And while I’m not, at this one and only one moment in time, less concerned about the deficit than I ever have been (and I’m usually pretty concerned) — how on earth does this shrink the government or pay down the debt????????????????

    • libra

      The unemployment benefits extension is for 13 months; tax cuts for the super rich extension is fr 24 months. That leaves a 9 months hole, where Obama won’t have anything left to bargain with, once the unemployment expires. OTOH, Repubs will come back for permanent extension and use the “taxes are about to go up!!!” as an election time hammer.

      All of it (including the cave in on the estate taxes) will cost boatloads of money, giving the Repubs an ostensible reason to become “fiscally responsible” again. Repubs being Repubs, it’ll translate into ever more cuts of every program which helps the poor and the middle class, beginning January. And now that they got most of what they wanted (and more than they ought to have had a chance of getting), they’ll be quite insistent, with nothing to lose.

      We should have let all the tax cuts expire and called their bluff on the benefits.

    • . . . President Obama needs to announce he’s not running in 2012 so we can start the search for a real Democrat and send his capitulating ass back to Hawaii.

      And, no, it’s not the tax deal.  It’s EVERY GODDAM THING.  The Republicans have beat him like a borrowed mule.  His backbone looks like a pretzel.  He has caved on EVERY SINGLE ISSUE.

      I’m 66.  When my Granddaddy prayed, I couldn’t tell if he was praying to Jesus or to FDR.  I’m a lifelong Democrat.  Donated money to Obama that I didn’t have.  And this is what I get?  Shit, I miss George Bush.  At least with him you knew he was going to screw us.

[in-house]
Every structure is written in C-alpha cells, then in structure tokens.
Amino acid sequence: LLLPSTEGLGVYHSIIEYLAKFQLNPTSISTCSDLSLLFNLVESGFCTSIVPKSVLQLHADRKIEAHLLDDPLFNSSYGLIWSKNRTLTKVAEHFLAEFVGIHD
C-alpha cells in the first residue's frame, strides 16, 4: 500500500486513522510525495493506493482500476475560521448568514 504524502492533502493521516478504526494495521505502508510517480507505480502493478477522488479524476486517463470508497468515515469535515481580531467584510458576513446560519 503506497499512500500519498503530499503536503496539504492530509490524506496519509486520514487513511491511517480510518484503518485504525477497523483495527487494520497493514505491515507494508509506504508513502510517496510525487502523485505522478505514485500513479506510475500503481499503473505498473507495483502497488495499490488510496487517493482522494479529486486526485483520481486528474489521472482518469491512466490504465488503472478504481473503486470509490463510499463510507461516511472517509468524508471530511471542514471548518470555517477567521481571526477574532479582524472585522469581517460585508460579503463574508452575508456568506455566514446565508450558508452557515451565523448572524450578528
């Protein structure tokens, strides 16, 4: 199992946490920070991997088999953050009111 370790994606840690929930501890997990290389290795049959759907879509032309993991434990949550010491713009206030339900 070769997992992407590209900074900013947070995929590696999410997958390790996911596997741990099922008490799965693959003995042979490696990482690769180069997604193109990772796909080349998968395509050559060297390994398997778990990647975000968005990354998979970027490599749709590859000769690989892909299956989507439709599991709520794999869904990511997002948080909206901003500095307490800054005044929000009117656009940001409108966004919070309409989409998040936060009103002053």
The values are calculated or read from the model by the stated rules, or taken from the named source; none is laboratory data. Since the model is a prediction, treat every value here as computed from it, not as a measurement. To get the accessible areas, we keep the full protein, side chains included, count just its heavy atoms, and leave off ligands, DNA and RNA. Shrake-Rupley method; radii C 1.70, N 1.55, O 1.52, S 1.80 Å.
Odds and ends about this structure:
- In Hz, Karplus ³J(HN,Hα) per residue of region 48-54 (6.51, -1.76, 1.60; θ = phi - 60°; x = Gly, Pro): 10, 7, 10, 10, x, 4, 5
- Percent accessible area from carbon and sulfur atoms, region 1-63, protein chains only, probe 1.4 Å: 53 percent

• KathyinBlacksburg

      The GOP played him, again!  And they got everything they wanted. He sold us into more debt so the rich can get ridiculously richer.  And his payroll tax cut will (like the last one) never be noticed.  So O will get no credit.  We will sink deeper into deficit territory.  The cave on inheritance tax is obscene.  And the GOP will win next time.

    • blue bronc

      Repubs got all they wanted again.

      And, with the reduction of SS payroll income the Repubs will use that as an excuse to destroy Social Security. “See there is not enough coming in to sustain it. Time to kill grandma by taking away Medicare and make grandpa work until he dies on the job.”

    • Quizzical

      There was an article on Huffington Post today about how the Wall Street banks and investment firms were planning whether to pay their bonuses early to avoid the risk that the tax rates would go up.  Sheesh.  The government paid out, literally, trillions of dollars to bail out Wall Street and big corporations, and now when they are raking in money again, the government will not raise their taxes even a little.  How can we be happy with that?